FACT-CHECKING “THE ACE OF SPADES”

 

Ah, Lemmy, we miss you already.  Many a night of mine was spent in The Salisbury, or Jilly’s, listening to your back catalogue.  Just like Kenny Rogers, you also get the sceptical treatment from me.  Thing is, I was turning over the words in my head, and something just didn’t add up…

(lyrics courtesy of Google Play)

If you like to gamble, I tell you I’m your man,
You win some, lose some, it’s all the same to me,
The pleasure is to play, makes no difference what you say,
I don’t share your greed, the only card I need is
The Ace Of Spades
This song is quite obviously about life being a gamble, and the desire to take risks, and have a reckless and fun time.  But dig beneath the surface, and we can turn it into a mathematical problem (“Hurrah!” I hear you cry).  There are a few specific instances in which the Ace Of Spades would be the only card you need, but I’m not sure that those instances are the ones given below.
Playing for the high one, dancing with the devil,
Going with the flow, it’s all a game to me,
Seven or Eleven, snake eyes watching you,
Double up or quit, double stake or split,
The Ace Of Spades
It sounds like we’re talking about Blackjack / Pontoon here, but it doesn’t entirely make sense. I’m unsure of the meaning of “seven or eleven” here, as in Blackjack you might talk about an Ace (of any suit!) being worth 1 or 11.  “Snake eyes” is a roll of two dice, getting a 1 on each die. So now we’re talking about the use of dice, too… I don’t know what this has to do with Blackjack, or the Ace of Spades, but I did find out about a dice-rolling drinking game called 7s, 11s & doubles, that Lemmy could be talking about.
You know I’m born to lose, and gambling’s for fools,
But that’s the way I like it baby,
I don’t wanna live forever,
And don’t forget the joker!
The joker doesn’t play a role in most casino games, although it can be a Wild Card.  Maybe that’s the point – that it’s wild and dangerous, and represents taking whatever chances you can.  We only get one go at life, and would we want more than that?
Pushing up the ante, I know you got to see me,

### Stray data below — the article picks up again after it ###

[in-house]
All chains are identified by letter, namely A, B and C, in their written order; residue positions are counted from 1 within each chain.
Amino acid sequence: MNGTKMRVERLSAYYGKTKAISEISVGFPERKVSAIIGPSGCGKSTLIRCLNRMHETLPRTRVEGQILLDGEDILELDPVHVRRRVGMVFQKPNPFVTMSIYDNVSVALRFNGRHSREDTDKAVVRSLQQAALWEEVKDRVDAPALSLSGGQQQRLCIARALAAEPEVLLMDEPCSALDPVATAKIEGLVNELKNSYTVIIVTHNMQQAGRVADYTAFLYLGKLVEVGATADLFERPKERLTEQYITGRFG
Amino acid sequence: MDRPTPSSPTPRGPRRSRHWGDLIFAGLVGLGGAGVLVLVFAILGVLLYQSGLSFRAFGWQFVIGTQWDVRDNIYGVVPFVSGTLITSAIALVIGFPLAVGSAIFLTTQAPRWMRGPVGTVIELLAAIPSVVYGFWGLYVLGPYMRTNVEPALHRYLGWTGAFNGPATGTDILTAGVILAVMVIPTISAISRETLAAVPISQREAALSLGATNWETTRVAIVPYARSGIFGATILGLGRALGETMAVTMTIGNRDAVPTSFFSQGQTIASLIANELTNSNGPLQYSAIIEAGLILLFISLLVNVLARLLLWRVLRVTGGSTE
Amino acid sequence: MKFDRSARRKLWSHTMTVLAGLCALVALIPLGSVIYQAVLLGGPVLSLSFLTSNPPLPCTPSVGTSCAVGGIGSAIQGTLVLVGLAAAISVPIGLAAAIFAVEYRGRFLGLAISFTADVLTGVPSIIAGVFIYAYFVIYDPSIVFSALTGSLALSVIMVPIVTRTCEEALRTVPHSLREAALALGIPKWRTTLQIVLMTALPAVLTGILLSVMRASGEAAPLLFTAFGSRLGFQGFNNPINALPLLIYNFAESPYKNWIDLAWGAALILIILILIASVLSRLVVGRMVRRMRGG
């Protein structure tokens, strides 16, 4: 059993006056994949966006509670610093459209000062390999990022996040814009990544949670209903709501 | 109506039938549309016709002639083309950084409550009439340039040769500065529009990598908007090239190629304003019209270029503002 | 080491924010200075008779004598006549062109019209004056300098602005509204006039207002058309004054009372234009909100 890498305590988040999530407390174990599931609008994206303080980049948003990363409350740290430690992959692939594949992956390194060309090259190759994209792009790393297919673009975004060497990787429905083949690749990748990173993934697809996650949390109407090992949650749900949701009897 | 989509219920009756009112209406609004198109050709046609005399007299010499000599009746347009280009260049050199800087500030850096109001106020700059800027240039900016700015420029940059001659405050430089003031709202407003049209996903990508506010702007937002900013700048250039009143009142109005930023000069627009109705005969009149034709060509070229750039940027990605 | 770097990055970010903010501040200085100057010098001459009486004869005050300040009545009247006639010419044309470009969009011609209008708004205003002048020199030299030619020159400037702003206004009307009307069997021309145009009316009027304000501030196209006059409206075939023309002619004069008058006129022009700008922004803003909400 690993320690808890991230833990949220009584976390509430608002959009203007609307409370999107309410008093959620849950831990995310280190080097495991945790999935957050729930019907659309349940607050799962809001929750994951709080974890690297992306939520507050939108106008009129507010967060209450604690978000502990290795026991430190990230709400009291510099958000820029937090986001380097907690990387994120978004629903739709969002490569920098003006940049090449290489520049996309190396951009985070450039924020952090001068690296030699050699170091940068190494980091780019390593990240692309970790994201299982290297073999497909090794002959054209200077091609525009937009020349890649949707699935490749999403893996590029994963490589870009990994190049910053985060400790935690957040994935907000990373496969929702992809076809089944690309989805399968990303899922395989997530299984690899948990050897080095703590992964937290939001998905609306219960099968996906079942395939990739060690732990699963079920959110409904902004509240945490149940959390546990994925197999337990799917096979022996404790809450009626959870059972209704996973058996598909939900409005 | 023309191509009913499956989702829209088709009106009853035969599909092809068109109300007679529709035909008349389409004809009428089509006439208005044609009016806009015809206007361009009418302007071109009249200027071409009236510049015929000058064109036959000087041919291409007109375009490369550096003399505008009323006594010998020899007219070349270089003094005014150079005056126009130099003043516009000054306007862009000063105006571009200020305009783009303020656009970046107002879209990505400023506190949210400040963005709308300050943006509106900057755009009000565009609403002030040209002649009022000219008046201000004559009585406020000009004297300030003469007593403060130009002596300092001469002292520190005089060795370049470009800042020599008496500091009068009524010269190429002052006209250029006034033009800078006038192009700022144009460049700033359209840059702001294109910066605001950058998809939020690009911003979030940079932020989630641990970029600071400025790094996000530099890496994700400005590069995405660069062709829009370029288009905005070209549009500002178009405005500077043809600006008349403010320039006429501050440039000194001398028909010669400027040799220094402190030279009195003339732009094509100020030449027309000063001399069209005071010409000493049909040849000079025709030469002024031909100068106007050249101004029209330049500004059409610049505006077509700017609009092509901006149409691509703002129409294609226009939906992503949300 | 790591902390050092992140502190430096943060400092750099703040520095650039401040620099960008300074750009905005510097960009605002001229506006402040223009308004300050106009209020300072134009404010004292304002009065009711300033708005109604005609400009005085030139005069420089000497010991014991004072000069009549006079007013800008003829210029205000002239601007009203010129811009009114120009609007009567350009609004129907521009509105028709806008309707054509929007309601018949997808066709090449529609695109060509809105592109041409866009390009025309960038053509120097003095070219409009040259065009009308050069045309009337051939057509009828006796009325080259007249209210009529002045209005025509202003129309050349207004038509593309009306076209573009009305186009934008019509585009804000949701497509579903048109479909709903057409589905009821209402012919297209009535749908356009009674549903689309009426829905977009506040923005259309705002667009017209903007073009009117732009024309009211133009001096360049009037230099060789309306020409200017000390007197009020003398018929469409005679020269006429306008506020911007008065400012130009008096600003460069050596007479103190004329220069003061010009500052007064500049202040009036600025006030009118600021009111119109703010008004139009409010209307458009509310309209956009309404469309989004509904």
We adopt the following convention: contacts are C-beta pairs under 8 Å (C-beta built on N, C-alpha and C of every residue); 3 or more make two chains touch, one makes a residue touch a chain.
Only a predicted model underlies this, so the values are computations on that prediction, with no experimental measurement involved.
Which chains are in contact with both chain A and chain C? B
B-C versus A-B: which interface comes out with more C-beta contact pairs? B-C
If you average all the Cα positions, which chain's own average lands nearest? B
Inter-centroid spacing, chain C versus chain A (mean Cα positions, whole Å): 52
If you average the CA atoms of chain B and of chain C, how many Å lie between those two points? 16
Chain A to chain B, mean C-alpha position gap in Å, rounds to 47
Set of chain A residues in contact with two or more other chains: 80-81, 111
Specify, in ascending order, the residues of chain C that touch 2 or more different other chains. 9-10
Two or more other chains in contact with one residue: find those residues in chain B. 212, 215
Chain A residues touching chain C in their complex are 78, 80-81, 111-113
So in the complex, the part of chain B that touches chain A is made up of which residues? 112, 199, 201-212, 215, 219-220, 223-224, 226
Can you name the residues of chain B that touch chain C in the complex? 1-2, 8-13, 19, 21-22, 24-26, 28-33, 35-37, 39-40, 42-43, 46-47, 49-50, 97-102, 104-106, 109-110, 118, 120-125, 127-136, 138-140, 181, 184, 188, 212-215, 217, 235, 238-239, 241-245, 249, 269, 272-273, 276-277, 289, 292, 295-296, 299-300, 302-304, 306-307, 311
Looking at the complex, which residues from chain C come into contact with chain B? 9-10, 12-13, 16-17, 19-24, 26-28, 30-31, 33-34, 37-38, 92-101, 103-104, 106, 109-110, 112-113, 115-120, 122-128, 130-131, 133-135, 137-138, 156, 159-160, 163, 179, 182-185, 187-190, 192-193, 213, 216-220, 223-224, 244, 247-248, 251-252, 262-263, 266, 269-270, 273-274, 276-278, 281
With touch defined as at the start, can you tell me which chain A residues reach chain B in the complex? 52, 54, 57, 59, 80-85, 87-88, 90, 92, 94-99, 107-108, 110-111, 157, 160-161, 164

Read ’em and weep, the dead man’s hand again,
I see it in your eyes, take one look and die,
The only thing you see, you know it’s gonna be,
The Ace Of Spades
The Dead Man’s Hand refers to a two pair hand in poker, made up of the black eights and the black aces.  According to legend, this is the hand Wild Bill Hickok had when he was shot dead during a poker game.  “Seven or Eleven” also has a meaning related to the Dead Man’s Hand, according to an early 20th-Century superstition.

Songwriters: Clarke, Edward Alan / Kilmister, Ian / Taylor, Philip John
Ace Of Spades lyrics © EMI Music Publishing, Sony/ATV Music Publishing LLC, Universal Music Publishing Group

So it actually seems that the song has nothing to do with Blackjack at all.  My interpretation is that it’s about living a dangerous and exciting life, much like that of Wild Bill Hickok.  Knowing that death could be around any corner, and laughing in its face anyway – sounds a bit like Lemmy: “I will be killed by death. I might be killed by too much booze, women or music, but it’s not a bad way to die.”.  Well, I’ve learnt a lot.  Mainly that there is no hidden mathematical message in the song (sorry, numerologists!).

I’m glad I put the time into figuring this out.  A song that I’ve heard thousands of times, yet never knew the tale behind it, or fully understood the metaphors.  But the reason it’s such a successful rock song is that its catchiness and appeal rely on its brevity.  Maybe some people don’t even listen to the lyrics, but the song is recognisable & powerful, and unmistakably Motorhead.  And just as per my last foray into literary analysis, here’s the track on YouTube:

 

 

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